A “shocking” discovery Bobby Cagle made when he came on board to lead an early care and learning agency in Georgia was how officials in some states used third-grade reading levels to project how many future prisons they would need.
“One of the most shocking things I heard when coming into this job is that many states — thankfully Georgia’s not one of them — but many states base their prison projections, that’s the number of beds they will need, on the number of children who are reading on grade level at third grade,” said Cagle, the commissioner of Bright from the Start: Georgia Department of Early Care and Learning (DECAL). “It is that predictive of children being in the criminal justice system if they can’t read well ... reading is so essential. We have studies that show if a child is not reading well by third-grade level they’re going to have difficulty the rest of their lives.”
Cagle visited the Kiwanis Club of Dalton on Monday. He told several dozen members during their weekly luncheon that DECAL does licensing and monitoring for about 6,500 child care and early learning centers around the state.
“That’s to ensure basic health and safety in those centers,” he said. “We’re also charged with our nutrition program, which is a federal program for underprivileged children. The number of meals we served last year was 88 million, in conjunction with community sponsors and facilities, including some of those (represented) in the room today.”
Cagle said he was orphaned as an infant and adopted by a social worker at 10 months old. He noted research in brain development in the last few years, saying breakthroughs can lead to “a stronger community and a stronger nation.” He called early learning centers — which were known as “day care” 25 years ago — the “most stimulating (learning) environment” for children whose parents may have social or emotional issues, or who struggle with substance abuse.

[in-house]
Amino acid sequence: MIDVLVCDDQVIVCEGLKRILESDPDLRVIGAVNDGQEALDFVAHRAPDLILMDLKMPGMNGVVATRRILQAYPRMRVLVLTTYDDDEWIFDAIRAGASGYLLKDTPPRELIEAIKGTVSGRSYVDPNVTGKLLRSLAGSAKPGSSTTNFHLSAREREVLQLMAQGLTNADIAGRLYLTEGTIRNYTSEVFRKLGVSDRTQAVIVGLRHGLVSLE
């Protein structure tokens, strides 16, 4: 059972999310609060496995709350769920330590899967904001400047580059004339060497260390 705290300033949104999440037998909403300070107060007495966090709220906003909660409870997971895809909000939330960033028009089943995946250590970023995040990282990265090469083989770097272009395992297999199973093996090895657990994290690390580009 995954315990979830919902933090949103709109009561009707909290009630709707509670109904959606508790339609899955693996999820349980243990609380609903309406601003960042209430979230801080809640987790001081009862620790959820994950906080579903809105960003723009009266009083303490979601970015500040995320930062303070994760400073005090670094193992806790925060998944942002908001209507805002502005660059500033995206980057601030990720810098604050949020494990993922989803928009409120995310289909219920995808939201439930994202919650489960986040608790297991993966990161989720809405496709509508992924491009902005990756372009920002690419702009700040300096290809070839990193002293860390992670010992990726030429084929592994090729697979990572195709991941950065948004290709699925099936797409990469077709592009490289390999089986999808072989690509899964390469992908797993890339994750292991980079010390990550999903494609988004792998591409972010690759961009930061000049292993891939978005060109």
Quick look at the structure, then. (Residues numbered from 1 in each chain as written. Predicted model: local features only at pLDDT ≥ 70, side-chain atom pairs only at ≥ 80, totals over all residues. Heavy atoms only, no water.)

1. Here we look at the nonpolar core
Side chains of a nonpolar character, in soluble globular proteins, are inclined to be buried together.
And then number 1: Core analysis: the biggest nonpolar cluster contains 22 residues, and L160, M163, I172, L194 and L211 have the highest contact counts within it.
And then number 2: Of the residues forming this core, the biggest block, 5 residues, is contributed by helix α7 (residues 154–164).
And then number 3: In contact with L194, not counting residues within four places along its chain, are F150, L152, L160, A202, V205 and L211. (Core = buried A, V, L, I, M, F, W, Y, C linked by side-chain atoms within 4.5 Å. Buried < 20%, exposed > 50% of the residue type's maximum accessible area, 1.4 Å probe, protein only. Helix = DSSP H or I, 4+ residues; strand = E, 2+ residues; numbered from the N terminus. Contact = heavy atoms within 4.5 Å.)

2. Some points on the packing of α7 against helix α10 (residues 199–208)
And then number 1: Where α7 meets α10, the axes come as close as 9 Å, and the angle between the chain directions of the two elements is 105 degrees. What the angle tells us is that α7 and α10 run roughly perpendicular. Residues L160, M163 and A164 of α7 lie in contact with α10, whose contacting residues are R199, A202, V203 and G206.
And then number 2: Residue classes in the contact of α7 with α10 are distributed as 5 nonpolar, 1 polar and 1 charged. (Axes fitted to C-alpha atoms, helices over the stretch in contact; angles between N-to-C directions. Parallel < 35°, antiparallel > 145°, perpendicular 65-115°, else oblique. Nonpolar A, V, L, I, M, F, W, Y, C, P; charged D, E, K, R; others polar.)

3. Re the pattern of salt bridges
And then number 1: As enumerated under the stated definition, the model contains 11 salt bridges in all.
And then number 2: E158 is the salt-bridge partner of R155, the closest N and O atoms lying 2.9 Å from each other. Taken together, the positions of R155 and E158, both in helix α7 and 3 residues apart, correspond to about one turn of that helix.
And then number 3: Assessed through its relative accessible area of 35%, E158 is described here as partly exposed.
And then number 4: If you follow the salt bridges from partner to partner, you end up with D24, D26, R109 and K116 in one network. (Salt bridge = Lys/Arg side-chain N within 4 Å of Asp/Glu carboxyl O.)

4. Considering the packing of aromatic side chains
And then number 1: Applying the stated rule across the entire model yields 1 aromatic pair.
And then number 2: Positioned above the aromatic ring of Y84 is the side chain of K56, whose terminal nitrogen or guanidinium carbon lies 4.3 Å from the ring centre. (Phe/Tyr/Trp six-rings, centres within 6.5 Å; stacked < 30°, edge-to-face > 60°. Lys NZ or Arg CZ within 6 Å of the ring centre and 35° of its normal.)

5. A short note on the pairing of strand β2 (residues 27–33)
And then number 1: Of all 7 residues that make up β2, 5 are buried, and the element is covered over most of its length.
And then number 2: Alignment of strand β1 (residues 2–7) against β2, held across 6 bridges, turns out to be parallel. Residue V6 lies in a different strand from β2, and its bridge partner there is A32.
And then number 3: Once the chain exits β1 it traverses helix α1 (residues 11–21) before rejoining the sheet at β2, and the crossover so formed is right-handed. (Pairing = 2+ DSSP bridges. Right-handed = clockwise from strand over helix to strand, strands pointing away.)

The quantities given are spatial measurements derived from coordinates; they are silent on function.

Cagle said early learning centers in Georgia also have an economic impact through 26,000 jobs.
He closed by asking Kiwanians to “get involved personally” in the community by stressing the importance of education and, specifically, reading.
“Go to these centers and read to children,” Cagle urged. “That gives an opportunity for many things to go on. It’s a chance for a child to interact with somebody they don’t personally know, and to hear (you) read ... in today’s world these children need to know things we never needed to know.”
He noted today’s children are in “an international world.”
“From day one they’re going to have to interact, when they get out of school, with people who have a very deep understanding of the world and how it works,” Cagle said. “And that’s what we need for them — we need the best educated children, those who are able to come into our work force and (move) forward.”
He thanked local leaders Dixie Kinard for serving on the Bright from the Start board of directors and state Rep. Tom Dickson, R-Cohutta, for his interest and advocacy of children’s and education issues.